A rehabilitated drug addict tells his story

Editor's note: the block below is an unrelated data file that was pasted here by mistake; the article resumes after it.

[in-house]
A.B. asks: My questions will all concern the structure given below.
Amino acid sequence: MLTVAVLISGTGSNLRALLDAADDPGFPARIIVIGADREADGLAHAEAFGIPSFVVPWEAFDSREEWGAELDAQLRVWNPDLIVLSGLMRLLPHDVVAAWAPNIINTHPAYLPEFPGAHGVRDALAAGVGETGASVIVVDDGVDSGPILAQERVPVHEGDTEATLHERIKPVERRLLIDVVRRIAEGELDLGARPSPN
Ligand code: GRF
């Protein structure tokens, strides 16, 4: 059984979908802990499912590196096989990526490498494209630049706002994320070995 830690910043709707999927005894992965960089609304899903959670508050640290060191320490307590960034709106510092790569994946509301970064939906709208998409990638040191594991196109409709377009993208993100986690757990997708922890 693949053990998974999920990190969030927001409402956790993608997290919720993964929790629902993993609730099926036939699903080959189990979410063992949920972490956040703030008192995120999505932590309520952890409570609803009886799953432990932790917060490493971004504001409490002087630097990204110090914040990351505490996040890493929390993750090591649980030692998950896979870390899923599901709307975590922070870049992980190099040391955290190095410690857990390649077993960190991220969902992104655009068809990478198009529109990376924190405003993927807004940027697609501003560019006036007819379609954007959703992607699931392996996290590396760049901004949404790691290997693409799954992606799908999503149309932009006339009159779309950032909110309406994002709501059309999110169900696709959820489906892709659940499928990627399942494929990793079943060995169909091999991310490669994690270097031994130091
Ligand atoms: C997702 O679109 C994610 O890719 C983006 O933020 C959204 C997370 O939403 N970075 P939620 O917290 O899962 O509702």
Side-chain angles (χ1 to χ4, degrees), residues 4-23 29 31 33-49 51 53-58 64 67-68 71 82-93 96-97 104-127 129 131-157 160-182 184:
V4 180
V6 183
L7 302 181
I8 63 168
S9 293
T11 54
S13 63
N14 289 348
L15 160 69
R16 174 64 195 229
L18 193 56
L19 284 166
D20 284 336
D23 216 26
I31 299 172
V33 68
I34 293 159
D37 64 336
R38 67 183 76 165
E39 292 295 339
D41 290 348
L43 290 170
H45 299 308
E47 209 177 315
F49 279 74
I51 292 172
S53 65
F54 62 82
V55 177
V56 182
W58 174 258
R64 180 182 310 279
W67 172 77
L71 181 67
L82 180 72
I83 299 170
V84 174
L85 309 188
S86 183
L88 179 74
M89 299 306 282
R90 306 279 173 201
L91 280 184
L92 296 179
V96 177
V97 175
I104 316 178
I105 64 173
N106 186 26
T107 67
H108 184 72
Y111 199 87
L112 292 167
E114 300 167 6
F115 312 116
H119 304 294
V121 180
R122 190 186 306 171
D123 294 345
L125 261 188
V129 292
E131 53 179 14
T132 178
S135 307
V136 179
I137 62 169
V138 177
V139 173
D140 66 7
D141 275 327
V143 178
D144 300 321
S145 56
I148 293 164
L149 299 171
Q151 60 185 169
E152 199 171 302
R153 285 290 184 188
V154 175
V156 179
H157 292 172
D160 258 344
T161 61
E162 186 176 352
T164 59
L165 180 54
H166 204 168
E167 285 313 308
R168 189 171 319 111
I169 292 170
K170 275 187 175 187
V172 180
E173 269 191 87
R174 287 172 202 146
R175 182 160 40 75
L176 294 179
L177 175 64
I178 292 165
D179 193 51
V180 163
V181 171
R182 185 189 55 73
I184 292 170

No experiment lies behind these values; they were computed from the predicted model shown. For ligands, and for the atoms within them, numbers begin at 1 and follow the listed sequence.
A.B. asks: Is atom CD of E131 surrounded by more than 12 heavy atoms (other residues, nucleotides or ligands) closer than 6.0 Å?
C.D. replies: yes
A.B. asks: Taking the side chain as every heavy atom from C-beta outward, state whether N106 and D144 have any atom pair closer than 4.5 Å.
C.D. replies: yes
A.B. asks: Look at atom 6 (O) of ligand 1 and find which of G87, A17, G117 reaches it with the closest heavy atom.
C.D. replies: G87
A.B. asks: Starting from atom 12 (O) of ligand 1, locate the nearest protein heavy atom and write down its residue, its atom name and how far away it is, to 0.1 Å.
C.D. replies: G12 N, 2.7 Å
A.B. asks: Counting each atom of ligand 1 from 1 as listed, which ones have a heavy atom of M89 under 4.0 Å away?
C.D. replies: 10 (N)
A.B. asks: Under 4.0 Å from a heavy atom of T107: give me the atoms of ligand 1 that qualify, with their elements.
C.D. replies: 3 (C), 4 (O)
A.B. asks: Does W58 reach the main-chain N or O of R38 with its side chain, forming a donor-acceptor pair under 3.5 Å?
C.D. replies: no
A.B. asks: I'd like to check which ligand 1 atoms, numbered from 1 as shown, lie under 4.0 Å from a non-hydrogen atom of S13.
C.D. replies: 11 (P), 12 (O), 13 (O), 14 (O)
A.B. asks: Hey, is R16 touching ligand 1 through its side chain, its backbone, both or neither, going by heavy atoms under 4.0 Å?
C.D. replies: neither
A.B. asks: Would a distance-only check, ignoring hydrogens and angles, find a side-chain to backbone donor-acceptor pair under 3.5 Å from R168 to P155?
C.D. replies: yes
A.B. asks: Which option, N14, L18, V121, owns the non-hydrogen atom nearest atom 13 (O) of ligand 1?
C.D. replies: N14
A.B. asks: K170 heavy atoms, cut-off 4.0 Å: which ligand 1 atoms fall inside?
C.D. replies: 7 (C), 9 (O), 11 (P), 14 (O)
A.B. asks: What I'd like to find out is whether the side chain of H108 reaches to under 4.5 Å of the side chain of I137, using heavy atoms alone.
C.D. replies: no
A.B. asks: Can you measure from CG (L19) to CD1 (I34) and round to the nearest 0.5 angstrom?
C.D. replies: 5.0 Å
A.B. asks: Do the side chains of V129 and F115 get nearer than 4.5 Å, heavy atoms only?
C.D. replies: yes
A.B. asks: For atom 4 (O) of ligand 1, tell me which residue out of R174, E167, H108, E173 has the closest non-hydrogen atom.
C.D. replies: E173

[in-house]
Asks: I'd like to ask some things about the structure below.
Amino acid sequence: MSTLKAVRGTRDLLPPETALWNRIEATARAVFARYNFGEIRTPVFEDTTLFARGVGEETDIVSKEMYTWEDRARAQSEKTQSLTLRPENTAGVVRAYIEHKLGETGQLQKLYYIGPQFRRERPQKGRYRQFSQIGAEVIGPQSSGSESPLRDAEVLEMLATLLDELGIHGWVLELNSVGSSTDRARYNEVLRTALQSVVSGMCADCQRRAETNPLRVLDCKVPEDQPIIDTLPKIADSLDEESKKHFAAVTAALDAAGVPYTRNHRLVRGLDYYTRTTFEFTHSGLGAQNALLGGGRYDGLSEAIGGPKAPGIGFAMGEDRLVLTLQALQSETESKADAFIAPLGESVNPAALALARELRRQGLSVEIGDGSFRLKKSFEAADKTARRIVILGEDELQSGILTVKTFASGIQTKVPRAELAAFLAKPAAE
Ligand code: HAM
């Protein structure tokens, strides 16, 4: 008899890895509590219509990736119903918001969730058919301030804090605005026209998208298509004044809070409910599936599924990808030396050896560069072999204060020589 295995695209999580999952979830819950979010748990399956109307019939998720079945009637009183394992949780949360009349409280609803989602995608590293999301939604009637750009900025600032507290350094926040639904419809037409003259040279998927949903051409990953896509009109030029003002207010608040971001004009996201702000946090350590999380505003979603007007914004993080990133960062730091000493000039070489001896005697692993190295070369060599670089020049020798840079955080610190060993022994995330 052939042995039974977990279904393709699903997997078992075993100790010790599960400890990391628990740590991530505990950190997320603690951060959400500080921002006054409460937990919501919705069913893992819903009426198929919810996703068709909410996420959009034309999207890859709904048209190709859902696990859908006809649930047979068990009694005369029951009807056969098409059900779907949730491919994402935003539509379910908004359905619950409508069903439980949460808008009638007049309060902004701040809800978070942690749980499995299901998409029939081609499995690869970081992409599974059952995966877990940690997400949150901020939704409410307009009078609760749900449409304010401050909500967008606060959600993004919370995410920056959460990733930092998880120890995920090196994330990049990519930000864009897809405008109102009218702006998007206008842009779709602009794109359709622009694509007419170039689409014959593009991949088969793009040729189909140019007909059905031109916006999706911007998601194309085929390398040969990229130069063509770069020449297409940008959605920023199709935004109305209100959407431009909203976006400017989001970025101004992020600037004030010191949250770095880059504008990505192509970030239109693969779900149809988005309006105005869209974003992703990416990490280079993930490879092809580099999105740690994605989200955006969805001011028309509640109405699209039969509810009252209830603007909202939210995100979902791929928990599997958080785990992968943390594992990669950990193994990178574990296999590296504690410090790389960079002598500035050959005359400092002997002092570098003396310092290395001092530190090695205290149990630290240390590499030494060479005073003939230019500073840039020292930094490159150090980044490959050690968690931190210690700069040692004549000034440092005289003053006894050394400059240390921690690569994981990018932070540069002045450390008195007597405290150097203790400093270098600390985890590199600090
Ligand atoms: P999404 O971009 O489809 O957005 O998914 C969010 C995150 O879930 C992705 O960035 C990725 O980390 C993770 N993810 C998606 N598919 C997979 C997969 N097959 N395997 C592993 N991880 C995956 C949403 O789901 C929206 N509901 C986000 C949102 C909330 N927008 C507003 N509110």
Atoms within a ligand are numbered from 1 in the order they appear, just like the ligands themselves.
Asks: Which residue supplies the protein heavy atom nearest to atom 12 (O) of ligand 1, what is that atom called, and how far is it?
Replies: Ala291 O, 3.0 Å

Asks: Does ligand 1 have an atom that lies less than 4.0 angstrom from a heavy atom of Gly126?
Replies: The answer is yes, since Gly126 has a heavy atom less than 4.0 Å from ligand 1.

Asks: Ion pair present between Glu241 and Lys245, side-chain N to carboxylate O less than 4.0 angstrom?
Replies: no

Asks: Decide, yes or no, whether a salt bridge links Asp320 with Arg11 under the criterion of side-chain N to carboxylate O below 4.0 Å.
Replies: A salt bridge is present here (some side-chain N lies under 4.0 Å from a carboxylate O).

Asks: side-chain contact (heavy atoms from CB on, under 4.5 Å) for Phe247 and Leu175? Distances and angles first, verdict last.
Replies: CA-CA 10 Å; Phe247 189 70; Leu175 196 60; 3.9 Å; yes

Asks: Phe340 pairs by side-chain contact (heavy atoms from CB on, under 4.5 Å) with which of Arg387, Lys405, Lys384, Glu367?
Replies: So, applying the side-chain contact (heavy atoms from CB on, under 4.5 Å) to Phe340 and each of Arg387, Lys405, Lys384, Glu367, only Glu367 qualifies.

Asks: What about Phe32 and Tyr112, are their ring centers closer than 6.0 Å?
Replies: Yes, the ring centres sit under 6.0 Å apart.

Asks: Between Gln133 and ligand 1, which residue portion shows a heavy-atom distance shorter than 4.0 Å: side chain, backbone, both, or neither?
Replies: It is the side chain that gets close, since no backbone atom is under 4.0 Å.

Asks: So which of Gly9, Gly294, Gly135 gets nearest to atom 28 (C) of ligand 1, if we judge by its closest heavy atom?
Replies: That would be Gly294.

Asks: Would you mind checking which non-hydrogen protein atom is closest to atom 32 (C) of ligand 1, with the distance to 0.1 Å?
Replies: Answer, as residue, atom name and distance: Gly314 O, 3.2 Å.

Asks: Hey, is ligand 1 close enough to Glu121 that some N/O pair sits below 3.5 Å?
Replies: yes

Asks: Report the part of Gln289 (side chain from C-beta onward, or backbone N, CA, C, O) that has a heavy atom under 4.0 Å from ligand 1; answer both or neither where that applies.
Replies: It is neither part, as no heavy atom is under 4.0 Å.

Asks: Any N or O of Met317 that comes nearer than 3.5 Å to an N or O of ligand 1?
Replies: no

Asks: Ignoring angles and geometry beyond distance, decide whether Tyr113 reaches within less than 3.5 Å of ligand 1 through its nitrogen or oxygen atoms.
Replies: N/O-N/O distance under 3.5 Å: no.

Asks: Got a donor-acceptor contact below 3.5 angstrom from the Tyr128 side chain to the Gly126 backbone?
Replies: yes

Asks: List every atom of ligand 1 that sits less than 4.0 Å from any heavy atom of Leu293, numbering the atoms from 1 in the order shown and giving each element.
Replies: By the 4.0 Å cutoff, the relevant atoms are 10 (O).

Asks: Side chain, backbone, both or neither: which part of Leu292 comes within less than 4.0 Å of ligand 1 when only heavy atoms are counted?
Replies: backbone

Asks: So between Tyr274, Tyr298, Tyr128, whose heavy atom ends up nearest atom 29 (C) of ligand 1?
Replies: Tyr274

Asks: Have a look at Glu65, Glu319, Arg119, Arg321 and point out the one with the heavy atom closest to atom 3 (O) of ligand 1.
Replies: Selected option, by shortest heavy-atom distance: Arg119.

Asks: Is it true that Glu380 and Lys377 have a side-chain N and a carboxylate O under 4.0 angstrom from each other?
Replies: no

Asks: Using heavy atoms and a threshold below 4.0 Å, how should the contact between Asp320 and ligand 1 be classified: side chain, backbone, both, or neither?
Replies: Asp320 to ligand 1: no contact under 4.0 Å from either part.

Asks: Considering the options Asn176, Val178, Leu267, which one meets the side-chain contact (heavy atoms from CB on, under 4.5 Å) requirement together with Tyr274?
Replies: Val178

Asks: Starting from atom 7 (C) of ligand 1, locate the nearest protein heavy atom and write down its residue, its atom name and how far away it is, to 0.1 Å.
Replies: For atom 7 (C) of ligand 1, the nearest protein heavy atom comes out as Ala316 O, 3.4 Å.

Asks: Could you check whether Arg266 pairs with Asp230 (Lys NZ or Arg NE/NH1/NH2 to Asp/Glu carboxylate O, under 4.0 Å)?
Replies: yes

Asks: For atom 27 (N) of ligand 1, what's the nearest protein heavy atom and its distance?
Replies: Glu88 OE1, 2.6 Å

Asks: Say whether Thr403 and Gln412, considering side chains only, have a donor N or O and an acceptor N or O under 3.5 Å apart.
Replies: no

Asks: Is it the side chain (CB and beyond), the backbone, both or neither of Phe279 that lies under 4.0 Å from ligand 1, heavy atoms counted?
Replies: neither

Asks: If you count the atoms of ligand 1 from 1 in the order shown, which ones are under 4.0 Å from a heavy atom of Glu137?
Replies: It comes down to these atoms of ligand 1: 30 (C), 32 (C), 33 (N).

first_img“I fought my demons and I am winning” – Sheik ShamshudeenBy Lakhram BhagiratNot everyone can say they turned their worst period into an experience to teach others, to mend broken souls and to create beautiful memories, but for Sheik Shamshudeen, he can! He can painfully tell you what it is like to be homeless, to find sustenance in the refuse of others but he can also tell you how to conquer your demons and build a beautiful family. He can make you dream so big that it is hard to contain the smile that envelops your face while he speaks about finding true love during a period when he though love no longer existed for him.Sheik is now 49 years old and he is now beginning a journey, which many of usSheik out Kettling for the Salvation Armybegin at a much younger age. “I feel now is the right time for me to take this step and I am more grounded now, so I can take care of my responsibilities the way I should do,” he notes while smiling at the thought of going home to his almost one-year-old son.Sheik’s life was not always a bed of roses; rather it is what some might consider a bed of thorns. At the young age of nine, Sheik had his first draw of marijuana and his world changed forever. He explains that he remembers his first drag like it was yesterday and regrets every other drag he took after that.He was born into a traditional family from Cane Grove in Mahaica, on the East Coast of Demerara, and Sheik says he was “unruly” from a young age. The level of disrespect he exuded was incomparable. A young Sheik had no respect for his elders and would hang with the elder boys in the village, often doing things way beyond his comprehension skills. He tells that it was the same group of boys that would lead him to his first drag, followed by his first sniff and subsequent homelessness.“I used to fit in with the rude boys and that is where they introduced it (marijuana) to me. I see them smoking and I decide that I should try it too and I decided and I was between 9-10 years when I took my first draw of marijuana,” he remembers.However, those are the memories that still cause Sheik some deal of pain and resentment for his choices. He explains that he became addicted to marijuana and his life spiralled out of control. In order to regain some semblance, he moved awaySheik with his wife, Nadira and their son, Samuelto St Nevis where he worked and tried putting the broken pieces together, but all that effort went down the drain when he returned for a brief vacation in 1989.It was while back home on vacation, Sheik met up with some old friends and one of them would lead him to the local drug yard where he was introduced to the “big boy” drug – cocaine. He recalls when he took his first sniff it was as if he was floating through and everything fell into place. He would later spend most of his few weeks’ vacation time holed up in the drug yard getting high, ignoring the reality of the world. Nevertheless, he returned to St Nevis where he unsuccessfully tried to procure cocaine and he returned home about one year later in 1990, where his first stop was the drug yard.It took less than a year for Sheik to end up friendless, family-less, penniless, jobless and most devastatingly, homeless. He wandered the streets with just the clothes on his back, eating from garbage bins, begging so that he could get his next fix, worked underpaying odd jobs to satisfy his cocaine craving and slept on the cardboard lined pavements.“I lost everything I had. I ended up living in the streets wandering aimlessly and doing whatever it took for me to get that cocaine because I needed it,” Sheik said.“I have been living on the streets in 1991 to November 9, 2009. That is when I surrendered my life, recognising that drugs was destroying me. I was given the opportunity through the Salvation Army Drug Rehabilitation Centre,” he adds.He sees his addiction as the disease that made him so selfish that he did not realise his entire world had been destroyed and he was slowly sinking. It was at that point when Sheik decided to turn a new chapter, since the current one was overused. He describes the rehabilitation process as awesome but also challenging since he had to confront his demons without the help of his former best friend – cocaine.He spent six months at the Salvation Army’s in-house drug rehabilitation centre where his body was forced to adjust to the comforts of having a regular bath, sleeping in a bed, proper hygiene and most importantly, living without cocaine.“I took all the teaching and I do apply them in my daily life. After completing the six months in-house treatment, I didn’t had anywhere to go and they see it fit to keep me in the half-way house and subsequently they do some evaluation with me and they see that I am physically fit and they employed me to work right in the realms of the rehabilitation centre,” Sheik proudly boasts.He has been clean for the past eight years and is thankful for the assistance he gets in maintaining his sobriety. These days Sheik is not only thankful for his sobriety, but he is also grateful for the love he receives from his wife, Nadira and his infant son, Samuel.“I am very excited to say that this child came through prayer because in my active days I used to see people hugging their families and going to church and I was jealous,” he said.“I used to see this young lady and I never said a word to her and one day after completing a hard day work from the office, I went to the gate. I was refreshing my mind and I see this very young lady pass and I waved and that is where it started,” Sheik fondly remembers.He explains that he met Nadira in 2012 and they maintained a friendship, which over time developed into unconditional love, and they eventually tied the knot in April of 2014 and Samuel was conceived on December 23, 2016.For Sheik, Samuel is his Christmas baby and the reason for him to stay sober. He wants nothing but the best for his son and now spends his time working with the Salvation Army as an Office Assistant and since it is the festive season, he is out Kettling.When asked what advice he has for the general population, Sheik says, “Push as hard as you can. Say no to drugs and yes to a better future. Use me as an example and make yourself better, the drugs and the high is not worth missing your life. I have fought my demons and I am winning, you do the same.”last_img